In Prospect, meanwhile, fears have risen that homes and businesses will be adversely affected. Residents have been told that the bridge is inevitable for transportation and safety concerns, so many are gearing up for change whether they want to see progress take over their community.
The project would demolish two condominiums in The Harbors, down river from Captain’s Quarters on River Road. This will greatly affect the unique aesthetic quality of the landscape, said Prince. Residents who are used to looking at a tranquil river scene will be forced to stare at concrete and steel on a daily basis.
Princes’ focus “has always been to support the immediate community.” Most Prospect business is service-based, and he feels that there is more than enough business in the immediate area that will not be lost once the project is complete.
But there are many factors to consider with the East End Bridge project. Ramp relocation and a new tunnel under the existing U.S. Hwy. 42 at the current northern end of KY 841 are elements touted to improve traffic flow and driver safety.

Bridge Construction

Photo by Don Ward

The intersection of Hwy. 42 and KY 841
is being relocated so exploratory work can
be done for a future tunnel under Hwy. 42.

The East End Bridge project calls for relocating the current KY 841 off-ramp and moving it southwest, parallel and adjacent to the KY 841 on-ramp from Hwy. 42. Two new left turning lanes from Hwy. 42 to KY 841 on-ramp would be added, and a light at the intersection would be synchronized with a light on Wolf Pen Branch Road.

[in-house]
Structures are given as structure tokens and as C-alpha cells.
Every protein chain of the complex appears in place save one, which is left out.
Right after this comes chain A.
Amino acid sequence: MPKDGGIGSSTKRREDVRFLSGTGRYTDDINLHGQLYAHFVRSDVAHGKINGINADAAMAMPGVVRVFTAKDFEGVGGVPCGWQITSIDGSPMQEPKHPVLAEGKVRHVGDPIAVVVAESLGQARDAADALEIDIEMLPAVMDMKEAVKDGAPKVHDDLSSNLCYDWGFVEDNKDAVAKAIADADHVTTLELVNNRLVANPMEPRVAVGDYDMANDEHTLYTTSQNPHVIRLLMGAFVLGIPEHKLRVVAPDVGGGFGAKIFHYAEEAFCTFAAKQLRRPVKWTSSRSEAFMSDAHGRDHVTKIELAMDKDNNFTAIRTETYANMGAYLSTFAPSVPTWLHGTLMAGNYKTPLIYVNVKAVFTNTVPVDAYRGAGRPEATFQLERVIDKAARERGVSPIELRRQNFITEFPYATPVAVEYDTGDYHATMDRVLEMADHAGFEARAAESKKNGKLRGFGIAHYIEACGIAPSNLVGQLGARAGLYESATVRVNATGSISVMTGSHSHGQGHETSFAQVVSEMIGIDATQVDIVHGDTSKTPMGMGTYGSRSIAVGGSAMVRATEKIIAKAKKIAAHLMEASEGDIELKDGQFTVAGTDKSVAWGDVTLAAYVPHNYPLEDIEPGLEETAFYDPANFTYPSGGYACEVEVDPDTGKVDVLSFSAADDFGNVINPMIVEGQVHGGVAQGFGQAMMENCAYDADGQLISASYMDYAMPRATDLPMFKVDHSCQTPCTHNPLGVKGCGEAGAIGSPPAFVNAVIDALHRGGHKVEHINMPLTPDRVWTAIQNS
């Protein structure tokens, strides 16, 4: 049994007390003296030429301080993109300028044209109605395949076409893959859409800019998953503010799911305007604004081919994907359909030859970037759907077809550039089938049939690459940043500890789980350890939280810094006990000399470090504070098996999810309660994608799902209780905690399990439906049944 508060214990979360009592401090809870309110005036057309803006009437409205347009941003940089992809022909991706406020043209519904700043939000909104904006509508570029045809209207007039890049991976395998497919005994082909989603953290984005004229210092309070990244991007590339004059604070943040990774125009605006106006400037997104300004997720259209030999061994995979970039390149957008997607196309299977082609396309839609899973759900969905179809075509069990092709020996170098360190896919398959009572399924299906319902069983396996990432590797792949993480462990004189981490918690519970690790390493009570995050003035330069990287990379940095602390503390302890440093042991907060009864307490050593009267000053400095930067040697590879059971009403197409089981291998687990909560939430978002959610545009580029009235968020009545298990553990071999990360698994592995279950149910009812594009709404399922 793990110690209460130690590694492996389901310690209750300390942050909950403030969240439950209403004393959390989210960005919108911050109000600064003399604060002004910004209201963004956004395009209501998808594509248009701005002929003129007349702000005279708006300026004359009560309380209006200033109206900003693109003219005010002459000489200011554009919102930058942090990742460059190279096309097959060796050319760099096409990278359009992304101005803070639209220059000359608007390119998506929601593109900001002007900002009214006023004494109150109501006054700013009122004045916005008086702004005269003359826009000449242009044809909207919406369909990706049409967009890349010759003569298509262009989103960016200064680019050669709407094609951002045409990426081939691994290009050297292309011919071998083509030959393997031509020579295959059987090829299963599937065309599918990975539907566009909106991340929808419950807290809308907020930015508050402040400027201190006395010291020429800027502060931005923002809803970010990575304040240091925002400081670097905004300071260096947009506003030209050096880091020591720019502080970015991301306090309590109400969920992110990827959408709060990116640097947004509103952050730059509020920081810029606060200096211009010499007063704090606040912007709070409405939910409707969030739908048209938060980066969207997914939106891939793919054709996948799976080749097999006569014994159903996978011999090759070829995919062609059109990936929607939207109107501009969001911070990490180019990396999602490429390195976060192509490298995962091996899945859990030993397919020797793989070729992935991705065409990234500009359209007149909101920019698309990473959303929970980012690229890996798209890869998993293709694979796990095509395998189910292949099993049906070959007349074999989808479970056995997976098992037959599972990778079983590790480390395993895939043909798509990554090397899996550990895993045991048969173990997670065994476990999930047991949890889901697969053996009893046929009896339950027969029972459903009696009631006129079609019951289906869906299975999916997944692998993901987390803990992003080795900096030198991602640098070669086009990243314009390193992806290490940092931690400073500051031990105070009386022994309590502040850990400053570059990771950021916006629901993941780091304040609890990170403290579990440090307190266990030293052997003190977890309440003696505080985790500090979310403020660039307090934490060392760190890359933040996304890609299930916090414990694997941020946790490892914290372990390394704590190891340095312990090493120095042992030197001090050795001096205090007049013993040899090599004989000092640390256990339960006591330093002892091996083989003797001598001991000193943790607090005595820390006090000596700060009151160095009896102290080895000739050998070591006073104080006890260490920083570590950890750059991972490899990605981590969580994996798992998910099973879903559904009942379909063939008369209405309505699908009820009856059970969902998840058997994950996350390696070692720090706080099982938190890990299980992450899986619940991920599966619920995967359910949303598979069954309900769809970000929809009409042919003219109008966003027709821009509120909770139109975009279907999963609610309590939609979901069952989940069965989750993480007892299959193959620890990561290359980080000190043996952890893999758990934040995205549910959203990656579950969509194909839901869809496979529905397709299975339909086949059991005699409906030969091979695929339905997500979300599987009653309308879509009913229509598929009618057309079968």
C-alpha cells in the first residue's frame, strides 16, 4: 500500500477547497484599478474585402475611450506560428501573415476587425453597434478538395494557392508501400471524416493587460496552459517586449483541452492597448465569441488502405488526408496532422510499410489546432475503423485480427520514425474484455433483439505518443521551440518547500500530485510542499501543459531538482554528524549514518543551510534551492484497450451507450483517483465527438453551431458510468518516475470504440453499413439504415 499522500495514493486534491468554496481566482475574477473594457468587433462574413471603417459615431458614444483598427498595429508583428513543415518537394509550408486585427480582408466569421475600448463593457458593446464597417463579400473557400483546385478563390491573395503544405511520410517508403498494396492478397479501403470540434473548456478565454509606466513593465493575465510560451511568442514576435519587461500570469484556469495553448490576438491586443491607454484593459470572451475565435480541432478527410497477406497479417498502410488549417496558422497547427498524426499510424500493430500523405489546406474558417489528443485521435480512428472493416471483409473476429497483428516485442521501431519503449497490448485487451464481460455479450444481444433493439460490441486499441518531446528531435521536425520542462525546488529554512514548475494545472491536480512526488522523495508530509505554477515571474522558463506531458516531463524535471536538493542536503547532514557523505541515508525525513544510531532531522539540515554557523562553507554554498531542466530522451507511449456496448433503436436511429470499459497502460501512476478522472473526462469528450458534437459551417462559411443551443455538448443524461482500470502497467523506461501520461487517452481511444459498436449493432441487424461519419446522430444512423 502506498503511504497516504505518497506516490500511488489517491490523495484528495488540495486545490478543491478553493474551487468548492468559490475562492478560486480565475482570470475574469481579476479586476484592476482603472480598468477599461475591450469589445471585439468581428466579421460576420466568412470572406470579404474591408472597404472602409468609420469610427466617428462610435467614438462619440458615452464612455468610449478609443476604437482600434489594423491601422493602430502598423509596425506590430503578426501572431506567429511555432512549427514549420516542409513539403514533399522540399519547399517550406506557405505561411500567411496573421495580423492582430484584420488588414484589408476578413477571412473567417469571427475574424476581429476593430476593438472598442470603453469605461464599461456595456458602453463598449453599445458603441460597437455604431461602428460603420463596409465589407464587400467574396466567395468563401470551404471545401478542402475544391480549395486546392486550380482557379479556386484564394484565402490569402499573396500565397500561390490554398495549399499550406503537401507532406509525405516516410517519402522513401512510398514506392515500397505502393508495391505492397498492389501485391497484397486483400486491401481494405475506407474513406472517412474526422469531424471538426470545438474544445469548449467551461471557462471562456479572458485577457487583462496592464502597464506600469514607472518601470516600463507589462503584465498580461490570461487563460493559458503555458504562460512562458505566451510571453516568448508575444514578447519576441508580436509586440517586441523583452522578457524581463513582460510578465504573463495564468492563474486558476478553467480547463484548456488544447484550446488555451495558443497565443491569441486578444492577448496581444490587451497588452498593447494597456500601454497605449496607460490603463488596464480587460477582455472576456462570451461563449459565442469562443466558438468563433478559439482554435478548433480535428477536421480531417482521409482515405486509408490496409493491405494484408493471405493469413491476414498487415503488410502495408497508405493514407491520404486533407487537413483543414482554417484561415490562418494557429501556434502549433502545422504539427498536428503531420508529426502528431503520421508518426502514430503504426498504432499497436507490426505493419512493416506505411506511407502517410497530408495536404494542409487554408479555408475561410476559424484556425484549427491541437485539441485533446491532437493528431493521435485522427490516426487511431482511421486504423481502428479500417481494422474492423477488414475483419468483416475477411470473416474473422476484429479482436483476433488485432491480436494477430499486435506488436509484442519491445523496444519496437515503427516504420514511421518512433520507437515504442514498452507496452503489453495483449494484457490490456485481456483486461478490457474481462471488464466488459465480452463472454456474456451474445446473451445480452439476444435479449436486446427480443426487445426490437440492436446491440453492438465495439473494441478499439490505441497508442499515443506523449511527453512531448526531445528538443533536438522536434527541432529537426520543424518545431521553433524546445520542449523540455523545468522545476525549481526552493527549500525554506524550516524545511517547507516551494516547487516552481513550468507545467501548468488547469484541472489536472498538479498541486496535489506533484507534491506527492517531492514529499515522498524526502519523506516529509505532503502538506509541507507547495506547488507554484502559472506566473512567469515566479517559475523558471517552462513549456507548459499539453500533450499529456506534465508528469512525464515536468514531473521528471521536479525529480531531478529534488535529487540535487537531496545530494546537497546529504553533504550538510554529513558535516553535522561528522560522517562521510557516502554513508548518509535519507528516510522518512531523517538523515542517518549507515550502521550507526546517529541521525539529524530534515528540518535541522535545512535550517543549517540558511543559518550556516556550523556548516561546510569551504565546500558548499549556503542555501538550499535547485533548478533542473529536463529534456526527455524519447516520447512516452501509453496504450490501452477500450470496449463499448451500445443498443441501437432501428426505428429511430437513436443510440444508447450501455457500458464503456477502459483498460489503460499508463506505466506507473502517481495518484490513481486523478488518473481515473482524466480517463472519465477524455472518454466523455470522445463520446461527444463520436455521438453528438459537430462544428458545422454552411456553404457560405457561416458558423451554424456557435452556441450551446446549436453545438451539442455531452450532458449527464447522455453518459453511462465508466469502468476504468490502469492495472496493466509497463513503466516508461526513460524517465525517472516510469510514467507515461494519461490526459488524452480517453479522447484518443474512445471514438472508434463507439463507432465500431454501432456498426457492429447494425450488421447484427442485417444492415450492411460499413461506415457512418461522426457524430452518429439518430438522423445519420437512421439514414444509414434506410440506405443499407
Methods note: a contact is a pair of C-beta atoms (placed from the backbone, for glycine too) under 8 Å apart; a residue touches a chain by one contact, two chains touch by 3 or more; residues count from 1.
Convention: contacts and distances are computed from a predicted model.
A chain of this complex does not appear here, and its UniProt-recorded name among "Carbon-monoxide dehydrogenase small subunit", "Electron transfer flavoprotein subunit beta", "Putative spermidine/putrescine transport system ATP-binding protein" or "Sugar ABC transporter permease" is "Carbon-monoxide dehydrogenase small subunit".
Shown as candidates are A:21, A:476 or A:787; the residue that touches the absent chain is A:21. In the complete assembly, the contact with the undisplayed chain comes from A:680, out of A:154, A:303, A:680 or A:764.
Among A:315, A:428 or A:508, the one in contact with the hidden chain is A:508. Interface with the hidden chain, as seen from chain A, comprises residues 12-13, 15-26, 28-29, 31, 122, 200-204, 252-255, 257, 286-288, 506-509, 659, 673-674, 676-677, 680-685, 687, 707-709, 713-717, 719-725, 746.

Planners reasoned that relocating the off-ramp would make it easier for vehicles turning left onto Hwy. 42 from the Bridgepoint Subdivision. This relocation project is currently under way and is considered “preliminary work to the boring of an exploratory tunnel,” which will run parallel to the current KY 841 off-ramp, said Kristen Jordan Leggett, spokeswoman for Doe Anderson Advertising, which is handling the public relations for the Louisville bridge project.
This preliminary work has led to a lot of confusion about the project, she said. “Many people think that IS the bridge project work that is going on now, but it is not. The bridge project cannot begin until all environmental impact studies are complete,” she explained.
“Many Prospect residents do not realize that the ramp relocation is only a geotechnical study and in no way marks the beginning of the construction project for the eastern bridge,” said Misty Cruse of River Fields, one of the oldest river conservation organizations in the country.

Rob Prince

Rob Prince